Wine & Spirits - August 2012 - (Page 24)

PROSCIUTTO BY ALAN TARDI + prosecco here’s nothing quite like the sensation of a thin slice of prosciutto melting in your mouth as it releases an array of intense, sweet-salty-porky flavors. And these flavors are nicely counter-balanced by a crisp, cool, bubbly Prosecco. But not every prosciutto and Prosecco is created equal. T Most every region of Italy has its own version of prosciutto crudo (a salt-cured, air-dried ham) but only two are available in the United States: Prosciutto di Parma from Emilia-Romagna and Prosciutto San Daniele from Friuli. Both are made from Duroc, Landrance or Large White pigs from the same ten regions in northern Italy. While a great many factors determine the final flavor of a ham—the breed of pig, where and how they were raised, who cured the hams and how long they were aged—what most distinguishes these two are the local climate conditions in which they age. In the case of San Daniele, the winds that descend from the Carnic Alps mix with Adriatic breezes and the humidity rising off the Tagliamento River, tending to make the hams denser and earthier than those from Parma. Parma hams get their sweeter, more delicate and aromatic flavors from the combination of prosciutto photos by Bartomeu Amengual at Eataly, NYC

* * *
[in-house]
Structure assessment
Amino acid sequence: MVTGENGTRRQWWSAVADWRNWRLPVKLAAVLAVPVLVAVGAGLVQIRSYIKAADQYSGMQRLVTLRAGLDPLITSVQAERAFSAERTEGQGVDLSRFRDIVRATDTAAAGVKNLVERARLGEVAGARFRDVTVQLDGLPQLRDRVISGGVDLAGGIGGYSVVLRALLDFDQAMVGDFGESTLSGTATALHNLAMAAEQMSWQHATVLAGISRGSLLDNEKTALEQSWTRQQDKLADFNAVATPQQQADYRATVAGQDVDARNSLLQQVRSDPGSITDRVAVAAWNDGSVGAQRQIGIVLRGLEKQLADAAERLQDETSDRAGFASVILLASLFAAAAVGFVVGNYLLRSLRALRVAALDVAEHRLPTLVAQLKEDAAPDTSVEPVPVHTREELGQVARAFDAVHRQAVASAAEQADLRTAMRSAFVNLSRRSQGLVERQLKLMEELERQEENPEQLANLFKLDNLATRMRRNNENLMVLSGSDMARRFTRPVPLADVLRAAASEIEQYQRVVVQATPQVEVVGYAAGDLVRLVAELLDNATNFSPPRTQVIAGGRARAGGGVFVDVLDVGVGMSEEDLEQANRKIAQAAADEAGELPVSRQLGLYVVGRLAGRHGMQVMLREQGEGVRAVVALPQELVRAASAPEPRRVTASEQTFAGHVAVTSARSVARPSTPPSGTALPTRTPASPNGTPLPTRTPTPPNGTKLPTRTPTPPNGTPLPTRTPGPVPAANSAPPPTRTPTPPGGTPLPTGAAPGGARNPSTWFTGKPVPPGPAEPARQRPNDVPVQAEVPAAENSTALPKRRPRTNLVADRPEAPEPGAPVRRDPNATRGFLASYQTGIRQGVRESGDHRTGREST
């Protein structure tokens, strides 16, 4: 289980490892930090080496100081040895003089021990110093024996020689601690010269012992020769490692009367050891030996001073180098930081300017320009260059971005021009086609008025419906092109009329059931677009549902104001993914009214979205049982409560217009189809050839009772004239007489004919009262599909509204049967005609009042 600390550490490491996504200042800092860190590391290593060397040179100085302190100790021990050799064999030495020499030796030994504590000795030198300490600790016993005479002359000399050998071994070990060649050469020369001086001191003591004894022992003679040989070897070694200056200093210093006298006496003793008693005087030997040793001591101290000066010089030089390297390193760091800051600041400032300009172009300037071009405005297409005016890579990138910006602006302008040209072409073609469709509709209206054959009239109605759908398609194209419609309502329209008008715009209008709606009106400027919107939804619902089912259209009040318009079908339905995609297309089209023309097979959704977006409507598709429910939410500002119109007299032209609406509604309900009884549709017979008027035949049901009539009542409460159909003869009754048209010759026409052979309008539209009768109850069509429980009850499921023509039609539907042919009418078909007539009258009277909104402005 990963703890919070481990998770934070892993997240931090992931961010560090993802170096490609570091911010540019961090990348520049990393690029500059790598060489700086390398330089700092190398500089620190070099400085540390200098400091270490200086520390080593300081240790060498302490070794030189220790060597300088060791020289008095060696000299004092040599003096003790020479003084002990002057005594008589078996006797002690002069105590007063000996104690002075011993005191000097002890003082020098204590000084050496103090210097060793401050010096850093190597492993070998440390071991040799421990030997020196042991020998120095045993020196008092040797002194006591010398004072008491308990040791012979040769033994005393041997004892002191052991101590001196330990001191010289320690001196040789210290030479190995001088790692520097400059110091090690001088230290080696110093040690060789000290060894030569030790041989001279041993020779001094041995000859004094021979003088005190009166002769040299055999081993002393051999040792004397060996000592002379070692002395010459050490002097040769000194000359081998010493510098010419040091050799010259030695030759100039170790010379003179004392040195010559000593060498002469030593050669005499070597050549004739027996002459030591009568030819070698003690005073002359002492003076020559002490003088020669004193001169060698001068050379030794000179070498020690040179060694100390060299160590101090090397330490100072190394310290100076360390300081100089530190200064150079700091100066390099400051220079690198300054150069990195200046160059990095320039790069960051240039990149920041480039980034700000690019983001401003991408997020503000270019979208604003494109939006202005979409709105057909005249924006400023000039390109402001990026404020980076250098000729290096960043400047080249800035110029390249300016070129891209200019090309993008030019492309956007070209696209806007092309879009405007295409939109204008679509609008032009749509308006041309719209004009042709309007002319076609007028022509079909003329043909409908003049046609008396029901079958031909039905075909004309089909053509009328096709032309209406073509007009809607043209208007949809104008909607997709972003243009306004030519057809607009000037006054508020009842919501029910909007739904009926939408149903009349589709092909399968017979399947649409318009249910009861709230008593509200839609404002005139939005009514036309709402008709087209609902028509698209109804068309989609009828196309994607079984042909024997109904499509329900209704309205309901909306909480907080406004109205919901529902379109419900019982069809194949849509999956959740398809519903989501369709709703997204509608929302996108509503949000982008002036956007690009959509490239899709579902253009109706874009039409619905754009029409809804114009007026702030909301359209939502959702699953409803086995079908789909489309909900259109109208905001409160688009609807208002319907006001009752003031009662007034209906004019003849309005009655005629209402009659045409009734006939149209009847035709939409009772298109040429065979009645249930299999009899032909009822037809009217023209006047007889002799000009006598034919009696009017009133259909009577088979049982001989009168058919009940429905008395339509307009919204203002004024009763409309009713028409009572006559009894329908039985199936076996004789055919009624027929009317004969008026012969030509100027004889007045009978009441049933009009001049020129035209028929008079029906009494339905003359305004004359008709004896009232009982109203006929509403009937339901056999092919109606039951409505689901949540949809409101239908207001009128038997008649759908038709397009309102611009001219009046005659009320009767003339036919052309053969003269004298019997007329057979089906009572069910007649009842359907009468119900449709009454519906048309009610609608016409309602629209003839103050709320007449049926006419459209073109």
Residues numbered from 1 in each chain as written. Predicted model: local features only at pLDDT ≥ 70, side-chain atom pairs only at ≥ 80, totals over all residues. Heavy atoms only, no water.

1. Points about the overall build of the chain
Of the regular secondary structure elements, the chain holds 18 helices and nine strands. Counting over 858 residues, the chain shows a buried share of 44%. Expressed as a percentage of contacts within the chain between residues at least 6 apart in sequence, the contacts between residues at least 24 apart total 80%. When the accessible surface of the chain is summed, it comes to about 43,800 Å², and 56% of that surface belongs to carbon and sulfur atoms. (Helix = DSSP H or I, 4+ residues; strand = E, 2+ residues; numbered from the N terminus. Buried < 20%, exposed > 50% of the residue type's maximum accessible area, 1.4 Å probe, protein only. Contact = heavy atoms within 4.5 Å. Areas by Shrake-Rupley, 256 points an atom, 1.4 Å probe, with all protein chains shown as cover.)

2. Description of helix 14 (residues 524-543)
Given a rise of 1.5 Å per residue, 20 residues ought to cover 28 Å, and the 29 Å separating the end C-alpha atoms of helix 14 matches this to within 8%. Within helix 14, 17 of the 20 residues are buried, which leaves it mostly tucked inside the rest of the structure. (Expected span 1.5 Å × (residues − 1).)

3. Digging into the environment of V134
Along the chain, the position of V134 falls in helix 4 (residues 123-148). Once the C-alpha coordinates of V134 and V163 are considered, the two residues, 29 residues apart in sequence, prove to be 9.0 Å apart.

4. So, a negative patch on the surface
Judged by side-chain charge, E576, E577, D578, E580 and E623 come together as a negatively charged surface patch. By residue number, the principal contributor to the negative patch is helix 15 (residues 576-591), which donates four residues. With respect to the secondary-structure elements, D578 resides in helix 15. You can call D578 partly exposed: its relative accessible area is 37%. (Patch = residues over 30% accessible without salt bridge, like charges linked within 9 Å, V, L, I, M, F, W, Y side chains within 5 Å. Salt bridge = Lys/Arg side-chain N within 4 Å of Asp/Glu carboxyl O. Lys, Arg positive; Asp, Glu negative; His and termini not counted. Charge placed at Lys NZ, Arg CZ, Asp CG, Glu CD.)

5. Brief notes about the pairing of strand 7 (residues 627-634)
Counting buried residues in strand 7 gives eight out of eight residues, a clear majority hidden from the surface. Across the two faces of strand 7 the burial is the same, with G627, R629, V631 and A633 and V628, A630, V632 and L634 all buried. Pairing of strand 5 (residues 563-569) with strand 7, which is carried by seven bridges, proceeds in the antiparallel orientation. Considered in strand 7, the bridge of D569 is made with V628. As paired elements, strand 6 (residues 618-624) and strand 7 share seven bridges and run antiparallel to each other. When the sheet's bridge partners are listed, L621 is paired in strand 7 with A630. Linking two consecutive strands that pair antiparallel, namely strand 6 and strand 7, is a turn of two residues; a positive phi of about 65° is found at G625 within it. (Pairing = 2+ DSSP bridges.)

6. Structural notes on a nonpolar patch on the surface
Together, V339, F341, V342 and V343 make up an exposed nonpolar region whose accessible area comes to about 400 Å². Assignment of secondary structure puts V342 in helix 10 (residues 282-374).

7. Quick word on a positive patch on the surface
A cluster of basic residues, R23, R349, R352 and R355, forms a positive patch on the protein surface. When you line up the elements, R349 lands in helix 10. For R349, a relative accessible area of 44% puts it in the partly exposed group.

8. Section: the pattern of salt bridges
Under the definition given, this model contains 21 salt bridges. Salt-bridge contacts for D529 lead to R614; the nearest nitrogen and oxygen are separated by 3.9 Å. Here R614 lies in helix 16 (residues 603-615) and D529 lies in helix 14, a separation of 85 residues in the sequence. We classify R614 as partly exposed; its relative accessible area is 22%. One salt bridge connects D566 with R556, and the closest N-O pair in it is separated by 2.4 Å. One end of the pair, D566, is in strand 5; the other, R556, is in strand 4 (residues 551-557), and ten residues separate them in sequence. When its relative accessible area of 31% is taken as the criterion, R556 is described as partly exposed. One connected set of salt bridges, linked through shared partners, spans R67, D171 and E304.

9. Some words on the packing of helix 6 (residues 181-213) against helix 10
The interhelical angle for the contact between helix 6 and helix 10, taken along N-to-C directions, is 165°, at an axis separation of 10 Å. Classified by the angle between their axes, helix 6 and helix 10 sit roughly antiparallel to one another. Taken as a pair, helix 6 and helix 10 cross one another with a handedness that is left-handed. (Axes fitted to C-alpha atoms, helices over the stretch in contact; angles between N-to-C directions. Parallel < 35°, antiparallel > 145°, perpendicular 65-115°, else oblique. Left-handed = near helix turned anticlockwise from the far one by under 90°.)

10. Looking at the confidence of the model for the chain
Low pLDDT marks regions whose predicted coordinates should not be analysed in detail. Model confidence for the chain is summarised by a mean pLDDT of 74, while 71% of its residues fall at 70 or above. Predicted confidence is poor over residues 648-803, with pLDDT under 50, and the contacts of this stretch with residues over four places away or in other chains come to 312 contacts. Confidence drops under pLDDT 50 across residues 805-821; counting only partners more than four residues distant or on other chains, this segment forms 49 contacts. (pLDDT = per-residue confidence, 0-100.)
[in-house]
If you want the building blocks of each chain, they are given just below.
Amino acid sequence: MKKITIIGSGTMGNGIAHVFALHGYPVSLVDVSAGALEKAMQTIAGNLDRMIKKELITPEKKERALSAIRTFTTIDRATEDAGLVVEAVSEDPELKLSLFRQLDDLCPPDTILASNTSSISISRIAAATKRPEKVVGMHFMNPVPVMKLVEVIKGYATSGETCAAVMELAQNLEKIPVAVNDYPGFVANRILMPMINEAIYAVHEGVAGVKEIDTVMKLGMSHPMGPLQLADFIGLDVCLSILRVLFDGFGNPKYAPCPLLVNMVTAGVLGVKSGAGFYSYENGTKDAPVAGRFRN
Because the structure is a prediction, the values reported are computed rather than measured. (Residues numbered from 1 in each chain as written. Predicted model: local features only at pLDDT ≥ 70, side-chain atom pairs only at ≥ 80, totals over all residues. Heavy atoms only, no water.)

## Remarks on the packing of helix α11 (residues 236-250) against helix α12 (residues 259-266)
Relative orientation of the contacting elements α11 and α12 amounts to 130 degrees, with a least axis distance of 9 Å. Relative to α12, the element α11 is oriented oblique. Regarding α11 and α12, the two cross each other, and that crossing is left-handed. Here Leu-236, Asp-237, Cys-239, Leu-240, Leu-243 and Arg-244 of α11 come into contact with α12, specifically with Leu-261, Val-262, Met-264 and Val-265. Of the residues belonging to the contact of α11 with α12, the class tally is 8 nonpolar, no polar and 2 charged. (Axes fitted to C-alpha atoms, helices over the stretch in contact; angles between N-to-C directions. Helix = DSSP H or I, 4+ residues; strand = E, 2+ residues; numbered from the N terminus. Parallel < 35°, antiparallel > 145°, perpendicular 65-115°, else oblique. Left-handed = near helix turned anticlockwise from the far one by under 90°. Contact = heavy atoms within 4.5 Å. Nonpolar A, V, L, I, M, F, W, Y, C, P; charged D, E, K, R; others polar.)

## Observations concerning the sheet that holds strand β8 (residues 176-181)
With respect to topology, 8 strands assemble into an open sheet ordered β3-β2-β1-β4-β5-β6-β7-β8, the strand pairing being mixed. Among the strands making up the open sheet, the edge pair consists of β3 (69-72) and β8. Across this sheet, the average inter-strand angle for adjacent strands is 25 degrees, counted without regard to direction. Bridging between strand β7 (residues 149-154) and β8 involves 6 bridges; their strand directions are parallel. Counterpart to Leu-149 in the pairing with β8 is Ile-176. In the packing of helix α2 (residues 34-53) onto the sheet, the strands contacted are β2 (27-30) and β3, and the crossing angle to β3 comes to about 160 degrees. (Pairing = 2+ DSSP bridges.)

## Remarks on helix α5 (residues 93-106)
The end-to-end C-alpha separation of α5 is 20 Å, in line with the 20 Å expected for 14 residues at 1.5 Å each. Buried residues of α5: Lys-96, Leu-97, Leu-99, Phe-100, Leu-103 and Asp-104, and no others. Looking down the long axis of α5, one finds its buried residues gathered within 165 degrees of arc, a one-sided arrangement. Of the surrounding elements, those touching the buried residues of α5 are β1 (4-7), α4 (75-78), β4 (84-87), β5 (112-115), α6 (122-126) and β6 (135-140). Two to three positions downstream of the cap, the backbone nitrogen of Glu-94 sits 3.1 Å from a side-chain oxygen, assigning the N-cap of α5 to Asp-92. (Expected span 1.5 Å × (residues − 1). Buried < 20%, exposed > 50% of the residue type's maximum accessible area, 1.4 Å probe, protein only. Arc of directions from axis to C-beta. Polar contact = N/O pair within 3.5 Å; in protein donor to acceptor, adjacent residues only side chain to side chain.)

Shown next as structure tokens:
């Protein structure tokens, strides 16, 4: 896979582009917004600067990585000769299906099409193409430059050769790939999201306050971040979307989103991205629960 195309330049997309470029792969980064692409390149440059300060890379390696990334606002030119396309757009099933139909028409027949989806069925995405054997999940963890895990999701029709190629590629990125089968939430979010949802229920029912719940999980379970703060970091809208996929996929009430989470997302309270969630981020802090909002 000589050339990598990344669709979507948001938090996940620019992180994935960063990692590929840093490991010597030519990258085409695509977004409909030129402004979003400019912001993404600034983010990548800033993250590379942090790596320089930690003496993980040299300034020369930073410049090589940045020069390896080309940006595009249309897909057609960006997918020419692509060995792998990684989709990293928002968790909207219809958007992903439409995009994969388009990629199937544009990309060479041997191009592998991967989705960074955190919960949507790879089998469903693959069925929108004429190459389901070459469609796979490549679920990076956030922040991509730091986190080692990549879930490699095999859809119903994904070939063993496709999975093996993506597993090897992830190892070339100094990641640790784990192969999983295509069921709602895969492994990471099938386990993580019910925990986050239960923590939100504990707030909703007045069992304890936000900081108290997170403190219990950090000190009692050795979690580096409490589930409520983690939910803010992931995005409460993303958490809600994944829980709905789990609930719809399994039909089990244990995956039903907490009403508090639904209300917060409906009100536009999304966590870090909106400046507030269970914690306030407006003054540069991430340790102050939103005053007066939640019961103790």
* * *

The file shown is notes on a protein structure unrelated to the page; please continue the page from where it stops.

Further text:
Table of Contents for the Digital Edition of Wine & Spirits - August 2012

Wine & Spirits - August 2012
Editor’s Note
Fined & Filtered: Lou Bustamante on cocktails aged in cask and bottle
Spirits: Tonic + Gin Reviewed by Lou Bustamante
North American Riesling
Tapas in the Capital of Cava
Prosecco + Prosciutto
Cirò & La Cucina Calabrese
Summer on the Road in Sonoma
Extreme Values
Tastings Overview
Summer Sparklers
US Riesling
Rías Baixas/Vinho Verde
Greek Wines
Northeast Italian Wines
American New Releases
Imported New Releases
Joshua Greene on moscato’s sweet disruptions

Wine & Spirits - August 2012